John Dorton/ISI

Dynamo int'l vets remember U.S. youth days

The United States U-20s kick off their qualifying campaign for the 2011 U-20 World Cup on Tuesday night, facing Suriname at the CONCACAF U-20 Championship in Guatemala, and for a number of Houston Dynamo players, it’s a welcome reminder of their own treks to become professionals.

The Dynamo have 13 former or current youth national-team players on their roster, including eight who have represented their nations in a youth World Cup, championship, or qualifying tournament: Brad Davis, Hunter Freeman, Danny Cruz, Kofi Sarkodie, and Corey Ashe for the U.S.; Jermaine Taylor and Lovel Palmer for Jamaica; and Andre Hainault for Canada.

“Wearing the U.S. shirt was one of those feelings I can’t describe, because you're representing your family and your nation,” said Sarkodie (pictured above), who played in the 2007 FIFA U-17 World Cup and will watch a number of national team and former college teammates on Tuesday. “To walk on the field in a World Cup match or a qualifier, you feel like you’re finally here and all the hard work paid off.”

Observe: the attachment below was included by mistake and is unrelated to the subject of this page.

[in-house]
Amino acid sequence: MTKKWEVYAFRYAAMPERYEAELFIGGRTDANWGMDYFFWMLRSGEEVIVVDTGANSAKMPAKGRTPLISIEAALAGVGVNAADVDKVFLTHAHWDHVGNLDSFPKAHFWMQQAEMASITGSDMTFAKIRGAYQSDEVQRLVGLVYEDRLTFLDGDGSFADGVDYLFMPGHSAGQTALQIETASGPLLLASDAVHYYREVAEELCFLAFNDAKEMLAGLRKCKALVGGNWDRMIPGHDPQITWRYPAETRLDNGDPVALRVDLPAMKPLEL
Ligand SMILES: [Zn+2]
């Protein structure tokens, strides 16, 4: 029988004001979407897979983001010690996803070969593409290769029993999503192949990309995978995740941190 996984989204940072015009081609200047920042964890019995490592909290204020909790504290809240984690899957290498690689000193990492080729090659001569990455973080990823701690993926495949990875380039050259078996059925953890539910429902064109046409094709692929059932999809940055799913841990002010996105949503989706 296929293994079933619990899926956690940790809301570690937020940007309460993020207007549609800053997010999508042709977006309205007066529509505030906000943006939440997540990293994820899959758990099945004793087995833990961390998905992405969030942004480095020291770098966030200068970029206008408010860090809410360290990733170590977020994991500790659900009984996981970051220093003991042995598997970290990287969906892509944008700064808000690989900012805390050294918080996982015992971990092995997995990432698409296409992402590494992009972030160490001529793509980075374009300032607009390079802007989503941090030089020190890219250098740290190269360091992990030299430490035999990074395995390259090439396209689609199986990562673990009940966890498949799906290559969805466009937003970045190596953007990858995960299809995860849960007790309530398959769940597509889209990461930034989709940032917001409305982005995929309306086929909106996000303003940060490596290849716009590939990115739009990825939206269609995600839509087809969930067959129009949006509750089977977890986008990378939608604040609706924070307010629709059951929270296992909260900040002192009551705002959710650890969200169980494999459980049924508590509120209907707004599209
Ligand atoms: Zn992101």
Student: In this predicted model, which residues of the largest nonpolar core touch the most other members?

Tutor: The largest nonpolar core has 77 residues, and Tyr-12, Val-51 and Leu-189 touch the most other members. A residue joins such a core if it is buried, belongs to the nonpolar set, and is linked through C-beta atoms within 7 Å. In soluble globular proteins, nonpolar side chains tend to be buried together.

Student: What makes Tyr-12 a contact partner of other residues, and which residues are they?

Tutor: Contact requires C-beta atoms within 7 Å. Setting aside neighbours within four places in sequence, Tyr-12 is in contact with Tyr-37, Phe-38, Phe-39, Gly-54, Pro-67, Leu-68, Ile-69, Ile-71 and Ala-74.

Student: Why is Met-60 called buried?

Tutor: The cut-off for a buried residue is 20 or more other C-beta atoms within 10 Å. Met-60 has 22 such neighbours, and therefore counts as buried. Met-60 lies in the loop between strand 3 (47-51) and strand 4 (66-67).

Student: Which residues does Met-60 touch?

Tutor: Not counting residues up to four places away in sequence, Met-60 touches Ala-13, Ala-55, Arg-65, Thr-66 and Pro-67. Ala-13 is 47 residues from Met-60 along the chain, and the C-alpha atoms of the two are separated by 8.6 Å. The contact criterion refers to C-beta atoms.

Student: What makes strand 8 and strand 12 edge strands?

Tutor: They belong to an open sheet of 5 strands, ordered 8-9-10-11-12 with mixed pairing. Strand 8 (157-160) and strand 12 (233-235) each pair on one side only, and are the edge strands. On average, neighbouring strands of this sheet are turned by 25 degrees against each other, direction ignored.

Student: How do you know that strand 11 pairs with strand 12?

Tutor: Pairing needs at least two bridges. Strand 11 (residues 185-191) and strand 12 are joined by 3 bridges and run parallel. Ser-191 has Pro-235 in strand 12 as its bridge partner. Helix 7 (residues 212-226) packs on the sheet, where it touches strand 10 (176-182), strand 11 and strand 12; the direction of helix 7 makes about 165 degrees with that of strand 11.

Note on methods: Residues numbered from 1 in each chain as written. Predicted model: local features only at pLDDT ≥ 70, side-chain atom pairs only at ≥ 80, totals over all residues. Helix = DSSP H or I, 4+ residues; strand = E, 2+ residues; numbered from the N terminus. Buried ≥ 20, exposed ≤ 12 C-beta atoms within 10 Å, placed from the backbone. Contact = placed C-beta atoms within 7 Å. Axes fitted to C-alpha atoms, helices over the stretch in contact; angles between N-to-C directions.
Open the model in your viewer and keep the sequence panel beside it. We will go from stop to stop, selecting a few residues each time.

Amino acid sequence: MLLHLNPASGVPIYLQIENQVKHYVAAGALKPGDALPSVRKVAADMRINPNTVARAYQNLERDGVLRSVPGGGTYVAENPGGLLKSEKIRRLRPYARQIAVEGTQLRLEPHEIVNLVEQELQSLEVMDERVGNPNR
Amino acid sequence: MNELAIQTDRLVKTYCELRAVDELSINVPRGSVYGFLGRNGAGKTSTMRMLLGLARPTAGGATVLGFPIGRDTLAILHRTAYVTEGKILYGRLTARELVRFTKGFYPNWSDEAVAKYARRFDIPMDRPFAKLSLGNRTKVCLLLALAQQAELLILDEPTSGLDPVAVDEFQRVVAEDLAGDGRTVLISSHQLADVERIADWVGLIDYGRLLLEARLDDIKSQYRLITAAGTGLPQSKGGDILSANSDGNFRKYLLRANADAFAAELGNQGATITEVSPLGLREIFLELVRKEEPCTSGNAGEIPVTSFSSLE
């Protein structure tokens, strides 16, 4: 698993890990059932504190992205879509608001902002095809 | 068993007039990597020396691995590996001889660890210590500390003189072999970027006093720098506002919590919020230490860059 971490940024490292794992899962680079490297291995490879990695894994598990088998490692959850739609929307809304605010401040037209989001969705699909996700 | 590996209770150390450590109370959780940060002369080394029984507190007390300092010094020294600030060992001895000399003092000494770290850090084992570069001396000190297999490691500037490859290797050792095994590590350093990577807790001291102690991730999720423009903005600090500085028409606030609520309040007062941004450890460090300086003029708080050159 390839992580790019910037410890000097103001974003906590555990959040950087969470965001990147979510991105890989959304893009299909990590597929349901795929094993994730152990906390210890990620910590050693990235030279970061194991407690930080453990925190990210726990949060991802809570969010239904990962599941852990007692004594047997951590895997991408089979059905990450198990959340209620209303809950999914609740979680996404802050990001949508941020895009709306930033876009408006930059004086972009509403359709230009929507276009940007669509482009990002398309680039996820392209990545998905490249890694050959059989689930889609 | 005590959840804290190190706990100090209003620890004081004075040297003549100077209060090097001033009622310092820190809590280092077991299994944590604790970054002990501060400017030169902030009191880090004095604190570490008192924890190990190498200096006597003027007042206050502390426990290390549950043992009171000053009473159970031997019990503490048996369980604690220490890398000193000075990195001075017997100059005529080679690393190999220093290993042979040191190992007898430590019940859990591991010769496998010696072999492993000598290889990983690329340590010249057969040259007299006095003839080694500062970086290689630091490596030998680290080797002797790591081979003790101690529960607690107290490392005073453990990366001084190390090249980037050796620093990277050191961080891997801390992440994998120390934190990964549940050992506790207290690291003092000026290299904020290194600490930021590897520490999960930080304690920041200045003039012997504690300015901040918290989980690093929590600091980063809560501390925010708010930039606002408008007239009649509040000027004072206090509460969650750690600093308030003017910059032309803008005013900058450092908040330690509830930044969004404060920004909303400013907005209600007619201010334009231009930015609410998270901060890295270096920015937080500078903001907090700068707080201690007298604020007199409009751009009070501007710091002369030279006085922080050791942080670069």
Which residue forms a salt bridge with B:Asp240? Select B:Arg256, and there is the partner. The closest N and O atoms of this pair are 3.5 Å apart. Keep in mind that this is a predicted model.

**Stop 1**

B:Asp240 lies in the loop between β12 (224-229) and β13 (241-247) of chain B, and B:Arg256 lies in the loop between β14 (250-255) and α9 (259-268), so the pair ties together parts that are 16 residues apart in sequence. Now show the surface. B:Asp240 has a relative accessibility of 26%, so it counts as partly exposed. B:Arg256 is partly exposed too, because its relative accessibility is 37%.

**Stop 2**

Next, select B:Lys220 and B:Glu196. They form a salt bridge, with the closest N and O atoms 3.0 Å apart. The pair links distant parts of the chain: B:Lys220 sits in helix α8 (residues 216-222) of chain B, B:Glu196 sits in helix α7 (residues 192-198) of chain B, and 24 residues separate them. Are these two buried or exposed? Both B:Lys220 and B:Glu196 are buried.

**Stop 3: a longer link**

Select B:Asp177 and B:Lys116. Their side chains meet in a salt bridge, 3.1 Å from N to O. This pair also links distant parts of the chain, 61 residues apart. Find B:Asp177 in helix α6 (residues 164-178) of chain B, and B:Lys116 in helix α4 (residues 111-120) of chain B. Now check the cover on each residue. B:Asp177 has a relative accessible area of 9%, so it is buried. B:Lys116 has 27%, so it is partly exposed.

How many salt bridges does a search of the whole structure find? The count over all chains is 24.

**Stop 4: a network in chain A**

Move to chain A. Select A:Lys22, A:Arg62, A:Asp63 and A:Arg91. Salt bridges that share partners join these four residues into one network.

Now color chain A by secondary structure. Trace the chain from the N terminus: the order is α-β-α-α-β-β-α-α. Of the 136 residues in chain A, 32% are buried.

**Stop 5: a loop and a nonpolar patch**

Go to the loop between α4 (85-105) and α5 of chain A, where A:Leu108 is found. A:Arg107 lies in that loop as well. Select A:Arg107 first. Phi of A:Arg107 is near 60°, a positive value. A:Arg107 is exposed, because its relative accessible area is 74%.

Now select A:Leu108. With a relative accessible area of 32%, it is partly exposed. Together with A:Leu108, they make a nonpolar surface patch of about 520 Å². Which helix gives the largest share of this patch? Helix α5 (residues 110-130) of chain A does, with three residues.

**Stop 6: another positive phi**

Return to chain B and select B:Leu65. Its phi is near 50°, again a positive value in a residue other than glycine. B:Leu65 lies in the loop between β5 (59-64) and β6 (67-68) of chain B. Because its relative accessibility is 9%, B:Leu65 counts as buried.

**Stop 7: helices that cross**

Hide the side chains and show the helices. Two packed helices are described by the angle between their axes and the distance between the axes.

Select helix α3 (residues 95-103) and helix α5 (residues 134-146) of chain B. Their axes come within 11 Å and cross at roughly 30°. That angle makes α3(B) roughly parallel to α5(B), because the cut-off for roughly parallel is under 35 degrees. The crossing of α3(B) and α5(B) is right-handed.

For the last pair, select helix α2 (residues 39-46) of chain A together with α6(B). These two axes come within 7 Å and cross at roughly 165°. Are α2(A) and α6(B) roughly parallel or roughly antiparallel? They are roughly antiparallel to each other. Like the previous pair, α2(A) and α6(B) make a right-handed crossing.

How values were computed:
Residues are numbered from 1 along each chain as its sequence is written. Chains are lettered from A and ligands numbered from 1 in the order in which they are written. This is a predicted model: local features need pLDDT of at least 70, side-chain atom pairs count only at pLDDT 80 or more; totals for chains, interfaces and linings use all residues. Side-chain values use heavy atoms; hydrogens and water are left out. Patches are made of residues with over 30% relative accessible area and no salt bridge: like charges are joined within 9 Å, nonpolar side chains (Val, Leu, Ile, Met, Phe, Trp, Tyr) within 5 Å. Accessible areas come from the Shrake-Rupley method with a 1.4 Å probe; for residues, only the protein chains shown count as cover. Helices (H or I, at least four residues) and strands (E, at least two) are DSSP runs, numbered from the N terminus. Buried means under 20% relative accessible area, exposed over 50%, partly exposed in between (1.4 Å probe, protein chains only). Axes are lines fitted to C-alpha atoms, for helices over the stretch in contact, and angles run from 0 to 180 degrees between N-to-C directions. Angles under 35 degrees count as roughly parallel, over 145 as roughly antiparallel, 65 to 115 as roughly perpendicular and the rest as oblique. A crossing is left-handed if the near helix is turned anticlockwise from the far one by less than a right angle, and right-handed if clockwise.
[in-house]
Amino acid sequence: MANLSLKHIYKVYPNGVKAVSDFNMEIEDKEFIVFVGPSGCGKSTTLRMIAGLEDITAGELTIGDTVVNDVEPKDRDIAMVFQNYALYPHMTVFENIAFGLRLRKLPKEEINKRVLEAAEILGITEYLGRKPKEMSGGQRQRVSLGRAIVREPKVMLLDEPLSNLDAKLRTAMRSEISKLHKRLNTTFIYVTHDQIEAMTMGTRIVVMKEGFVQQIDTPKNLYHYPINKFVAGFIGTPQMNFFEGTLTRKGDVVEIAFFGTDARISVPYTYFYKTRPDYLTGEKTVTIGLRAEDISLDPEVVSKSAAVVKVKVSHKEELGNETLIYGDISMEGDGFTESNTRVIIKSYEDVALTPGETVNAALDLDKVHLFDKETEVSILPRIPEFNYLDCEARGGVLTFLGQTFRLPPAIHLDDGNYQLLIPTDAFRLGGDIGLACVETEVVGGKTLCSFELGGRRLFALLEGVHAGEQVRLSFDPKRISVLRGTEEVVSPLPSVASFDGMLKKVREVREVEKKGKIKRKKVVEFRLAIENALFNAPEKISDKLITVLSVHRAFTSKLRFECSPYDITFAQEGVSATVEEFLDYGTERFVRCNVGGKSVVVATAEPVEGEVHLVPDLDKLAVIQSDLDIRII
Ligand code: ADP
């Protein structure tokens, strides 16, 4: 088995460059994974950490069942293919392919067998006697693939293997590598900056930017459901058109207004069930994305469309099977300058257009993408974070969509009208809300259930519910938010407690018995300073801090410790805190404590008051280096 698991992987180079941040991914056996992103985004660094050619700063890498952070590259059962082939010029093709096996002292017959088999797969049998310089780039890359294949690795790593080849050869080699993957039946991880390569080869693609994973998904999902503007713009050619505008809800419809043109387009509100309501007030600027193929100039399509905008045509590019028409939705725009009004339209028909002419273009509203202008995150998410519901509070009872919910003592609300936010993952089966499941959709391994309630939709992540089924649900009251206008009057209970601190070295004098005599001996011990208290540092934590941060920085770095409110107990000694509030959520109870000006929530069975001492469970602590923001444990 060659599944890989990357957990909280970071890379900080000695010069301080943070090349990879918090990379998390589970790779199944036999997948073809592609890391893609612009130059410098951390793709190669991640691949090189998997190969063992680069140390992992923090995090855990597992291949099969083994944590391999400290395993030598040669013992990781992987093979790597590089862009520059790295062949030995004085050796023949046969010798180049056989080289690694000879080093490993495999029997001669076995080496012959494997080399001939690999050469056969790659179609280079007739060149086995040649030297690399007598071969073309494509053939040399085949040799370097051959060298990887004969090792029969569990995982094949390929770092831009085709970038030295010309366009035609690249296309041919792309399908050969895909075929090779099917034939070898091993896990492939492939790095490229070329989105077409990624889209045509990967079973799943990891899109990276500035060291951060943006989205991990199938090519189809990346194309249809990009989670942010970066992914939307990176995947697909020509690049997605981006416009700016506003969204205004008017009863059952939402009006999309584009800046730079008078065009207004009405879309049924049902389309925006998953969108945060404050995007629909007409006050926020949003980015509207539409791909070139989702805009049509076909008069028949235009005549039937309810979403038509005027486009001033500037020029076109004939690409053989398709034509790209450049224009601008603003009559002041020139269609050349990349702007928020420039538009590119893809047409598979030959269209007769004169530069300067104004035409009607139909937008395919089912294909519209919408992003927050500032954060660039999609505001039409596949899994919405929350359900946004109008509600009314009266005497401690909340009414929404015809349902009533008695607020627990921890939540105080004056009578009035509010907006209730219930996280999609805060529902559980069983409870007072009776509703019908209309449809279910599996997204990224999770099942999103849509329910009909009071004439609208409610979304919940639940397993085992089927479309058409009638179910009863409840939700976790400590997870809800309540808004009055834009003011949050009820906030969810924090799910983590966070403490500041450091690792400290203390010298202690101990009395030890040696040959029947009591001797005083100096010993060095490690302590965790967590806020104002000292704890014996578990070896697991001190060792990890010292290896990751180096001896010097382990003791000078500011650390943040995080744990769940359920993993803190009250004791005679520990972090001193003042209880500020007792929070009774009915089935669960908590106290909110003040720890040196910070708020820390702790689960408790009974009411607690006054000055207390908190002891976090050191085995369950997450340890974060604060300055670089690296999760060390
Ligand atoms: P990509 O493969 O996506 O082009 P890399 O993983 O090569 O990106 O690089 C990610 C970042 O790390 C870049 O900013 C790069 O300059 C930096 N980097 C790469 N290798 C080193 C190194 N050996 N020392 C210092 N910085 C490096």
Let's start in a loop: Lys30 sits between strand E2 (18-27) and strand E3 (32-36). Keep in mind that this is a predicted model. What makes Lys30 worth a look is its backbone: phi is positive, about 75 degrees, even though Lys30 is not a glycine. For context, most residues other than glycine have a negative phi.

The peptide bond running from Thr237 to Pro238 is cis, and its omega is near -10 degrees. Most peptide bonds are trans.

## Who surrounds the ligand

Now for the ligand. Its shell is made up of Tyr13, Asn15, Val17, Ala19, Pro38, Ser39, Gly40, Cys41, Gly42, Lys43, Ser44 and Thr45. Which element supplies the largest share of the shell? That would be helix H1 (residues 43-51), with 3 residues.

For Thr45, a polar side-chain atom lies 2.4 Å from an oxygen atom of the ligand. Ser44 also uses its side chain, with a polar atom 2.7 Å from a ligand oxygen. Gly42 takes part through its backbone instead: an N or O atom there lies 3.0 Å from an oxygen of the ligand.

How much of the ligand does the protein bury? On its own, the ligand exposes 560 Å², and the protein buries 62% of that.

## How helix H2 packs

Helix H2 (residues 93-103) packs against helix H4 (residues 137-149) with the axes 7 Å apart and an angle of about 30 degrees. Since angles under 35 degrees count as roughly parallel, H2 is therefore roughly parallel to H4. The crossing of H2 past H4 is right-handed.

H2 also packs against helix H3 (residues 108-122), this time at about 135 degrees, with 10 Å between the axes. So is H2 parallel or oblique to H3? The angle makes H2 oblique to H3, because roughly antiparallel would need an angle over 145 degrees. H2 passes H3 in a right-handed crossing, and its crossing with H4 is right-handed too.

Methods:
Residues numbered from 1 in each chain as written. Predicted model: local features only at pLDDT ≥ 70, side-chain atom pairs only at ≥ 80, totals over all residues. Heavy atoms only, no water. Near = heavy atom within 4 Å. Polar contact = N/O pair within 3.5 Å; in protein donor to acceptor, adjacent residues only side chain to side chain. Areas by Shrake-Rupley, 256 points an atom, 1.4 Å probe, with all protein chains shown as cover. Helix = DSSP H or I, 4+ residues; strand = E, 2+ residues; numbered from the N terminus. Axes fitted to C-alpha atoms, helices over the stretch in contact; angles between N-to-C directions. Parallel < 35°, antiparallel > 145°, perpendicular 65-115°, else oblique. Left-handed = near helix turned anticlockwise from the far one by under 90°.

The U.S. residency program plays a big role in the youth national team experience. When asked about living and training in Bradenton, Fla., the players praised the level of coaching and the opportunity to train with youth players at the same skill level.

“For me, it’s no secret it’s what helped me get to where I am today,” said Cruz, who played in the 2007 U-17 and 2009 U-20 World Cups. “My U-17 coach [John] Hackworth — who is an assistant at Philadelphia now — and coach Thomas Rongen, for me, played a huge role by working with me and giving me the confidence to be a player on this level.”

Ashe played in the 2003 U-17 World Cup and also wore the U.S. jersey at the prestigious Toulon U-23 tournament in France in 2008. He too credited the residency program for helping his development.

“You have the best players in the U.S. in one place,” Ashe said. “We had 18 or 20 good players, so they concentrated on the tactical side of things, which was a big difference from the [youth] club level.”

Coaching is not the only thing that sticks with the graduates of the youth system. There’s also a bond involved. The work put in while playing — and in some cases, living — with their national teammates is something unique the players share, and it keeps them connected to the program.

“It’s a fraternity for guys who have been there,” said Freeman, who was part of the residency program and later played in the 2005 U-20 World Cup. “You live there for two years, and there’re lots of ups and downs. Those things only make you stronger, and they prepare you for the level that we’re at now, because that’s how it is here.”

Darrell Lovell covers the Houston Dynamo for Follow him on twitter at @Dynamoexaminer.